PHILADELPHIA, Pennsylvania – A doctor working in a Philadelphia hospital did a research about the brain activity while people are praying and found that prayer is as important as science in helping patients heal.
Dr. Andrew Newberg, a neuroscientist of Thomas Jefferson Hospital, has been studying the effect of prayer on the human brain for more than two decades now. The doctor did a research wherein radioactive dye were injected into subjects, and then they used imaging equipment to observe what changes happen inside their heads when they pray, as reported by NBC news.
“You can see it’s all red here when the person is just at rest, but you see it turns into these yellow colors when she’s actually doing prayer,” said Newberg, while pointing color-changing computer screen, showing signs of brain activity.
According to Newberg, these visual changes on the monitors are actual signs of the power of prayer to heal.
“We see not only changes in the activity levels, but in different neurotransmitters, the chemicals in our brain,” Newberg explained.
As the brain controls basic body functions like heart rate, blood pressure, and the immune system, Newberg said that there’s evidence to show that by doing these practices, “you can cause a lot of different changes all the way throughout the body, which could have a healing effect.”
However, critics to the research give their stand that while brain changes is evident during payer, there is no proof that those changes create healing.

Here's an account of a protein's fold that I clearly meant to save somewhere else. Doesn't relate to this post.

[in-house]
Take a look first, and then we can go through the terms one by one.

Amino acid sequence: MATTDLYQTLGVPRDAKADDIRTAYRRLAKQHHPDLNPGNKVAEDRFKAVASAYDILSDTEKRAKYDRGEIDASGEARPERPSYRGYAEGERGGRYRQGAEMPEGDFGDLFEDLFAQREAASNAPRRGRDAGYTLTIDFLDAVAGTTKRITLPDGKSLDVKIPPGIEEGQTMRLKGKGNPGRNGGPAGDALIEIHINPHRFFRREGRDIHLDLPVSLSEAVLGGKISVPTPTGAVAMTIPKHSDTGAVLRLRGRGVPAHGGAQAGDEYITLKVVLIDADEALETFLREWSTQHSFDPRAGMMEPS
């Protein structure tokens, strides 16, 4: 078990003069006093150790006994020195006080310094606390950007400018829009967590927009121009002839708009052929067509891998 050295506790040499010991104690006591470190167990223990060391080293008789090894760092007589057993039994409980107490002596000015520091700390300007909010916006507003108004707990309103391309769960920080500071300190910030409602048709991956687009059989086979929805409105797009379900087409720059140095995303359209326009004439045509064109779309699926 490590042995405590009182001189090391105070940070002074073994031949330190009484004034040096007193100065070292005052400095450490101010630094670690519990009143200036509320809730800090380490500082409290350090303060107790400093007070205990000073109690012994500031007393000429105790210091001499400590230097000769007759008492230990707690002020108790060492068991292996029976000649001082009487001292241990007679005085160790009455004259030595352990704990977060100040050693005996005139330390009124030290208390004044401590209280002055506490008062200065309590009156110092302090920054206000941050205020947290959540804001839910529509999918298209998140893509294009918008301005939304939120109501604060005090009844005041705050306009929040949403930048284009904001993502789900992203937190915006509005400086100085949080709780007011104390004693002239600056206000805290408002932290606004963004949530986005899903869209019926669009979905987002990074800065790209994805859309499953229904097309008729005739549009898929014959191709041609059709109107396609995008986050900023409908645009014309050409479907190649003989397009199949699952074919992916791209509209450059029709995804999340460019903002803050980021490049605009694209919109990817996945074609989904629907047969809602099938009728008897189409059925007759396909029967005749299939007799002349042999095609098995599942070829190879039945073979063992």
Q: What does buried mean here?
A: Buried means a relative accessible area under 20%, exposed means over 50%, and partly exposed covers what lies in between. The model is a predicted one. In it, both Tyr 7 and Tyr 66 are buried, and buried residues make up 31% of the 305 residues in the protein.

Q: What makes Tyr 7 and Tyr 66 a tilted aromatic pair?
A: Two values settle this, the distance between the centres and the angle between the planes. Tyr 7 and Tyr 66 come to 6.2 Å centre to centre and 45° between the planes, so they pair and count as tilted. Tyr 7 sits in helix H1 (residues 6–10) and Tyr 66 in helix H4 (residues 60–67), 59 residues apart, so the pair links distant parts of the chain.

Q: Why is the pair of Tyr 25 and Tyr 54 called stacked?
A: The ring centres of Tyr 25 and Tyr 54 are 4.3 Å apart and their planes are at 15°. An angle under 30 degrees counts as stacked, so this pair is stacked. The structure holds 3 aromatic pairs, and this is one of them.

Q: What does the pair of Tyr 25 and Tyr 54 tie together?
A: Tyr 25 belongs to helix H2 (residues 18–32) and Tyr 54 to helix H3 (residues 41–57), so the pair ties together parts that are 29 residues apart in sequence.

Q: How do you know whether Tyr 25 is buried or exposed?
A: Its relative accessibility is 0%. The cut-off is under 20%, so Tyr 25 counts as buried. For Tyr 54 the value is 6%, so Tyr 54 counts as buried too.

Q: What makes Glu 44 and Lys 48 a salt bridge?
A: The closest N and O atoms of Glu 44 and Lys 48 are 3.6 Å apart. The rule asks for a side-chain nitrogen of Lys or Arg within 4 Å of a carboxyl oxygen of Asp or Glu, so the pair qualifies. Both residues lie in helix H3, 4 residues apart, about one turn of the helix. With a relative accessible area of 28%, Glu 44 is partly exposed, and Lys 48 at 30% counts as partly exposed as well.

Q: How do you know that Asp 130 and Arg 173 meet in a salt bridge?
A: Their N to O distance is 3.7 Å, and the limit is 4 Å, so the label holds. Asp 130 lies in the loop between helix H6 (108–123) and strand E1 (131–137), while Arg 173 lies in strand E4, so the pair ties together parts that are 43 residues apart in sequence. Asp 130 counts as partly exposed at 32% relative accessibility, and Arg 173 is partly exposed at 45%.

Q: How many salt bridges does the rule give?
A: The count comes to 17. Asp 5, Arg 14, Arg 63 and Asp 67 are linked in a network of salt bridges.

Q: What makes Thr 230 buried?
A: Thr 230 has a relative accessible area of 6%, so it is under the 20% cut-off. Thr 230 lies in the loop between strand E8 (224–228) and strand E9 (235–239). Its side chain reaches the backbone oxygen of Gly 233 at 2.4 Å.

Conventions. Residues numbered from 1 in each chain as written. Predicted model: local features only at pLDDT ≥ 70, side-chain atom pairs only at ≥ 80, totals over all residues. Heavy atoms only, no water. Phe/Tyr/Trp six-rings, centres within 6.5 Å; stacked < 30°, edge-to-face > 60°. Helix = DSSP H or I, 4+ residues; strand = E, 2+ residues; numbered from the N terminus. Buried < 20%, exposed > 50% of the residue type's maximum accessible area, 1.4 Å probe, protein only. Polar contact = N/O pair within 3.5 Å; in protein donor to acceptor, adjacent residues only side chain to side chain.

Dr. Richard Sloan, the author of “Blind Faith: The Unholy Alliance of Religion and Medicine” explained that, “Your brain changes when you eat chocolate. The brain changes when anything happens. There’s nothing special about showing brain changes when people pray.”
Sloan further argue that while religion provides comfort to believers during times of stress, they “shouldn’t practice religion because it’s like some sort of cosmic vending machine in which you can deposit a coin to get a health benefit.”
Newberg, who presently directs the Myrna Brind Center of Investigative Medicine at Jefferson, believes that medicine and prayer should work hand in hand.
“As far as we know, it is not a cure for cancer. It is not going to cure somebody of heart disease. We can’t tell people to pray in order to get better — that doesn’t really make sense,” Newberg said adding that the reason prayers work is because it is part of the person’s belief system.
The doctor narrated that it was particularly “fun” to watch what happened inside the brains of a group of Franciscan nuns, who were joined together in a meditative prayer. Newberg shared that during prayer, the area of the brain which work for the sense of self, suddenly began to “shut down.”
“You become connected to God. You become connected to the world. Your self sort of goes away,” he added.